NPR radio host Haba Baba shares the story of an Iraqi refugee on what it was like living through the Iraq War.
Part of my job as a radio journalist is to bring to the air diverse stories and helping listeners make a global connection when they listen to our show, Crosscurrent, the evening newsmagazine on KALW Public Radio in San Francisco. We call it our "glocal" focus - locally heard, but global in subject matter. And when I seek out stories, naturally because of my Sudanese/African/Arab background, I'm drawn to telling stories and bringing light to issues and projects that reflect those cultures; cultures the American audience knows little about other than in contexts of war, famine, poverty, and backwardness. I see my role - my responsibility - is to say, yes, they have all those things. But that's not all. And those saddening, angering, stereotypical stories shouldn't define the people. There are countless other stories of the people who live in, and come from those parts of the world and other parts of the 'undercovered' world that need to be told. Uplifting stories. Touching, Inspiring stories. If these were told as frequently as the negatively themed ones, I believe we would have a very different socio-political landscape today. Relating to another human being on an intimate level - like through a radio story- makes for better understanding, and eventually better world.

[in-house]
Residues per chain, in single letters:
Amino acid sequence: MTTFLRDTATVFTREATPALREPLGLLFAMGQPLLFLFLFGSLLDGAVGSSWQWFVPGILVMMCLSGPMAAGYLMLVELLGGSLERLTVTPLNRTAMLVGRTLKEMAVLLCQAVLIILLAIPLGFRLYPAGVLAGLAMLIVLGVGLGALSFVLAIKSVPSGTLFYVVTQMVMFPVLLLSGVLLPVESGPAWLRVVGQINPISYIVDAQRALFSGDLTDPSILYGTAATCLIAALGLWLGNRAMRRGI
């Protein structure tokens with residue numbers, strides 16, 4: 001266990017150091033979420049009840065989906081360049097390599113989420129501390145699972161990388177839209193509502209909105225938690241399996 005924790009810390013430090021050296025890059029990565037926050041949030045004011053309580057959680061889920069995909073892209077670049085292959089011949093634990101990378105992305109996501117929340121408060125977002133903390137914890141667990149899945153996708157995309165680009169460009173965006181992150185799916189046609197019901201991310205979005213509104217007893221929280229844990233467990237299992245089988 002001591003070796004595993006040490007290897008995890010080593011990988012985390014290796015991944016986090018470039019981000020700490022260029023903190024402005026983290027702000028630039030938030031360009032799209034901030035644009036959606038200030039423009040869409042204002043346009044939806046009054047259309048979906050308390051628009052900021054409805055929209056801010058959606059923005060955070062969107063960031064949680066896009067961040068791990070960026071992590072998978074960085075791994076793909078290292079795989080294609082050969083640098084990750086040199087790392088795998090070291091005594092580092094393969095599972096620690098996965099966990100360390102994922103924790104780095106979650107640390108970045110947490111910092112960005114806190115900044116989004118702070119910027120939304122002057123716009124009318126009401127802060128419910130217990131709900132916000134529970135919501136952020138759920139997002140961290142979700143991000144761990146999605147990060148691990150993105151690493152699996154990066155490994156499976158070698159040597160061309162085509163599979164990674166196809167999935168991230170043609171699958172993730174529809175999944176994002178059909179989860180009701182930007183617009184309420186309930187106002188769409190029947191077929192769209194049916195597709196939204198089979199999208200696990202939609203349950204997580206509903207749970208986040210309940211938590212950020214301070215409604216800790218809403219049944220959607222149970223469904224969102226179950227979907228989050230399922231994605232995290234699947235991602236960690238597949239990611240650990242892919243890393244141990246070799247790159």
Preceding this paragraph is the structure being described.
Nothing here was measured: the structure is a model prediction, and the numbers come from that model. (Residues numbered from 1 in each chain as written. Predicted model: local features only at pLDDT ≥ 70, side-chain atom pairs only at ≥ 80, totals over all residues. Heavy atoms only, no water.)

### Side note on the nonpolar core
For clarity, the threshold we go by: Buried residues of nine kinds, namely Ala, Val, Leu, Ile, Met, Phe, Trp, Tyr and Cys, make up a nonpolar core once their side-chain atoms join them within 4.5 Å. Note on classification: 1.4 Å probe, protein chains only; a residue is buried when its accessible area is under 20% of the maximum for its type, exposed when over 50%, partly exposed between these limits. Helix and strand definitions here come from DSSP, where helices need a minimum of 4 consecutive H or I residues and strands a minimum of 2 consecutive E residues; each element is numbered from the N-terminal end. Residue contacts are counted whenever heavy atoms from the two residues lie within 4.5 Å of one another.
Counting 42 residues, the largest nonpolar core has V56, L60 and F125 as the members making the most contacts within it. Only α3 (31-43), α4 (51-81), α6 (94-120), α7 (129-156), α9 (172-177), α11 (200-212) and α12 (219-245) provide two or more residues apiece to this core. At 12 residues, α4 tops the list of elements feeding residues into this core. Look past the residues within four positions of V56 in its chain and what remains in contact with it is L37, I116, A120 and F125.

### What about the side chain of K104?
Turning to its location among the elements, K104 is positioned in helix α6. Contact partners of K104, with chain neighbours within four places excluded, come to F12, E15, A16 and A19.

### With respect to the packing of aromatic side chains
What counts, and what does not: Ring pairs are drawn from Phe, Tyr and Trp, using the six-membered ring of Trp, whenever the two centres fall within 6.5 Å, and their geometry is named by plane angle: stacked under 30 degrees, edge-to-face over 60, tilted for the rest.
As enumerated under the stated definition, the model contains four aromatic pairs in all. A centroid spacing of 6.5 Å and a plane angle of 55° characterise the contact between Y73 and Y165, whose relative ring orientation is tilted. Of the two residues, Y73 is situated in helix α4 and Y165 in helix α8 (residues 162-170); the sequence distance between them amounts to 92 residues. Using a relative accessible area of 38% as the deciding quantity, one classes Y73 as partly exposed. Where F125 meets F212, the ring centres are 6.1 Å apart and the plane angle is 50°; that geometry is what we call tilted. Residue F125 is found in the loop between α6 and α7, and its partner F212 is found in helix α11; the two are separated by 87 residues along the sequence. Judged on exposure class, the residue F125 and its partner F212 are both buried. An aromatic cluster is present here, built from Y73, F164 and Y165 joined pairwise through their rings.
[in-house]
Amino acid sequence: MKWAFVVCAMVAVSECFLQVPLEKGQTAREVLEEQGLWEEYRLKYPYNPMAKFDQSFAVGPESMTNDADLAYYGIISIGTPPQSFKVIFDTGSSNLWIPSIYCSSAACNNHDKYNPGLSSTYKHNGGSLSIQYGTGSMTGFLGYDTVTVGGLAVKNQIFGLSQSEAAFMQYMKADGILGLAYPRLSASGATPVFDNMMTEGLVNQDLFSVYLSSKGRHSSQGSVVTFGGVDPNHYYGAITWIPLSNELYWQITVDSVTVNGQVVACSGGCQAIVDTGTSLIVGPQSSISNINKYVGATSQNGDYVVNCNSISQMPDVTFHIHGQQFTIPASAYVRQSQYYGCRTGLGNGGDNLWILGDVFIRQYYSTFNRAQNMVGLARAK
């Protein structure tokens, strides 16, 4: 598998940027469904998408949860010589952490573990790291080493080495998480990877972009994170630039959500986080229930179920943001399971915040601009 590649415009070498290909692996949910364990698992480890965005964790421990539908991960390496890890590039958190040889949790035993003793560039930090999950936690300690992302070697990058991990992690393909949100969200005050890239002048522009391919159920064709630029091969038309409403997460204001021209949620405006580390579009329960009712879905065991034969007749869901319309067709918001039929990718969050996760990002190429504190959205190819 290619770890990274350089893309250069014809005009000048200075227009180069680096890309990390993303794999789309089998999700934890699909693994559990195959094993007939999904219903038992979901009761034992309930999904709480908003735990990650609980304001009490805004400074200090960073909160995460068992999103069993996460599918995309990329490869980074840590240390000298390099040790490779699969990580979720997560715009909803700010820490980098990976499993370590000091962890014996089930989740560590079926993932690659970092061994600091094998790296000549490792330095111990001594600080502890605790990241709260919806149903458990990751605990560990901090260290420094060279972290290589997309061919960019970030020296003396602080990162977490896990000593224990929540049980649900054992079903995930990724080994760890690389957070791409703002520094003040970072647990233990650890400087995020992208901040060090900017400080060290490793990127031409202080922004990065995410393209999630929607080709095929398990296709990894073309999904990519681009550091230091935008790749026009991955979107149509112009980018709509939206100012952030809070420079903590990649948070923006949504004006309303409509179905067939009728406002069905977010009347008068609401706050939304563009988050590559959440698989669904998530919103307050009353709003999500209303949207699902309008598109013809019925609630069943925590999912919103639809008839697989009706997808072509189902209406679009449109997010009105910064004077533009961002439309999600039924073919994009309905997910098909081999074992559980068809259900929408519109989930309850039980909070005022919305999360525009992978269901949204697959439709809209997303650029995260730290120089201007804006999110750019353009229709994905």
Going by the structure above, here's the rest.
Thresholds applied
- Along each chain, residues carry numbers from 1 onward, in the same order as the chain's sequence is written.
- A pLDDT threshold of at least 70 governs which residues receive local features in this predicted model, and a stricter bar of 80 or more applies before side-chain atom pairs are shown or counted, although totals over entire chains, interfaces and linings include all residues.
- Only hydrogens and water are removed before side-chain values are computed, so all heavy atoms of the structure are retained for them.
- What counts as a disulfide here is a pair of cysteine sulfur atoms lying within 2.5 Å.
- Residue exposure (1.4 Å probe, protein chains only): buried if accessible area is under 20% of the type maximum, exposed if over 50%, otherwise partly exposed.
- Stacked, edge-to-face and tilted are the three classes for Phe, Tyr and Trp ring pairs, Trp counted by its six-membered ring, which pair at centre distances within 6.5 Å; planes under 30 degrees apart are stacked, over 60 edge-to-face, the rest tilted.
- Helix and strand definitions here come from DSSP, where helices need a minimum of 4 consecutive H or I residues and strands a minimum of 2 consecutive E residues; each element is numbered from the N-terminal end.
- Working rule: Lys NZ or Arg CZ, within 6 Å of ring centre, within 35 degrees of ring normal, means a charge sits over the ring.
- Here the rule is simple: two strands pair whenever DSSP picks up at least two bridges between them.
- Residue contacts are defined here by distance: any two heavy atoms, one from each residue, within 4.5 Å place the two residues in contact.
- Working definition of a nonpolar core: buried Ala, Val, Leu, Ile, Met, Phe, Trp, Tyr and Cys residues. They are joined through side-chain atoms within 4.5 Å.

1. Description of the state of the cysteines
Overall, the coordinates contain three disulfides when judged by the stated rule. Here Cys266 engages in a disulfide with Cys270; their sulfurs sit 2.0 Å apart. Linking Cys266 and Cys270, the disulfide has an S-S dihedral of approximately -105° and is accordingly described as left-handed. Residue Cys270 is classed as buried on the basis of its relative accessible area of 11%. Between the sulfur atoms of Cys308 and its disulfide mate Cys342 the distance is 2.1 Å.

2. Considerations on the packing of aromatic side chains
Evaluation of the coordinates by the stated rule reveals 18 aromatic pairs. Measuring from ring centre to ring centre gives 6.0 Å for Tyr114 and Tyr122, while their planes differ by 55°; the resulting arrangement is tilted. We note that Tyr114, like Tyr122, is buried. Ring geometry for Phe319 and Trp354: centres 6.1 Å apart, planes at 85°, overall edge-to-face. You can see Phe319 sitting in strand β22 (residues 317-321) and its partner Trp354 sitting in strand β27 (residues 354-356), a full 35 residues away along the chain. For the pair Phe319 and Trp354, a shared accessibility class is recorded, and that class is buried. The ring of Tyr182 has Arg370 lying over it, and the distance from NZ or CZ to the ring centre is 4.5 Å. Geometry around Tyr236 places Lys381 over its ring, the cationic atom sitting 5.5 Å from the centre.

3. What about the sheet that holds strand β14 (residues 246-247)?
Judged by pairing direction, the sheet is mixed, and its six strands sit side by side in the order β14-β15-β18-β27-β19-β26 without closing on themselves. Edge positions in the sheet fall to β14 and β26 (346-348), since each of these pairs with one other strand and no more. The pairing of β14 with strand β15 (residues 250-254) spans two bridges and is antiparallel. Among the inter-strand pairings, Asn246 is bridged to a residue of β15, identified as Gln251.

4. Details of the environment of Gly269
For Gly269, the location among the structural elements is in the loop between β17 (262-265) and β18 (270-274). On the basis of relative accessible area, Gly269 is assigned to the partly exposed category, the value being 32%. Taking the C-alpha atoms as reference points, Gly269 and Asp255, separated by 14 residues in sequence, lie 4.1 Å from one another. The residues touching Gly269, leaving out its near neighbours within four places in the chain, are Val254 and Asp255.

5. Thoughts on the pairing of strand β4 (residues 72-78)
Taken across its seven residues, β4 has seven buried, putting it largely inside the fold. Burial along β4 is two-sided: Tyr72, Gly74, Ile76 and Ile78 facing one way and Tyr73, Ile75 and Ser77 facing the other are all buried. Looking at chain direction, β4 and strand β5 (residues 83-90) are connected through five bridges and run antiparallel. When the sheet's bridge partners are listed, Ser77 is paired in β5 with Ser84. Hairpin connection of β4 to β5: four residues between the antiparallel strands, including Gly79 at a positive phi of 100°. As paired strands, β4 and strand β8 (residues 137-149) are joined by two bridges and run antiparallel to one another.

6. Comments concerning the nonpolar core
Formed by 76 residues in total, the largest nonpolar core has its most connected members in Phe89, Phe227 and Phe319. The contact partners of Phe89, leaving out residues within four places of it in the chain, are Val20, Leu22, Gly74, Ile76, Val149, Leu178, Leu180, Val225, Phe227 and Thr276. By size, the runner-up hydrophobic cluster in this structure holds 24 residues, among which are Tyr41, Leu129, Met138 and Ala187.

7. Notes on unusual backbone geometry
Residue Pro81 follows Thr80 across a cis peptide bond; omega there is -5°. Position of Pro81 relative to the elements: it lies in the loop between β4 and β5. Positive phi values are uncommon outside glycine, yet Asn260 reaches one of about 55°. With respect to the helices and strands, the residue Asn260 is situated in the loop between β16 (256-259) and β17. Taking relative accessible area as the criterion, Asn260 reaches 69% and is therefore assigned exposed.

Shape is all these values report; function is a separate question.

As a daughter of Sudanese immigrants, I am specifically fascinated by the issues of people who emigrate or seek refuge from "developing nations" - how they come, how they adapt to this new culture, how they express themselves creatively, what their challenges are, whether they change, how they worship, play, eat, make art, raise their children and preserve their cultures in this new land and how they reach back home and connect to their homelands. The San Francisco Bay Area, where I live, is a place where you don't have to look too hard to find fodder for that kind of deeper, more engaging journalism.
For me, it helps to have the advantage of being able to observe these issues as an insider, avoiding stereotypical references and conclusions, and exploring them with complexity rather than the predominant (and rather convenient) simplistic coverage most mainstream media outlets offer. In regards to women, I like to explore avenues of empowering them on their terms, and what immigrant women can offer and add to the American culture and society to enrich it. The effects of the immigration experience, to me, are not a one-way street. Both the emigrant and the host country have much to gain, learn, and appreciate from each other.
So, when we were planning an Iraq War 10 year commemoration show on Crosscurrents, we knew we wanted to focus on people whose voices really haven't been heard in the American media coverage - the Iraqi people and Iraqi refugees. Their stories were harrowing, touching, and necessary to hear. And they weren't being heard prominently anywhere else on the airwaves. After this show aired, we received numerous emails and calls by listeners who said they had connected personally with all the voices, especially that of Farah Almousawy, an Iraqi refugee whose story was featured throughout the show. People connected with Farah's story so intimately, we ended up performing her story as part of our live storytelling stage show, Heard Here from KALW. This is why I make radio.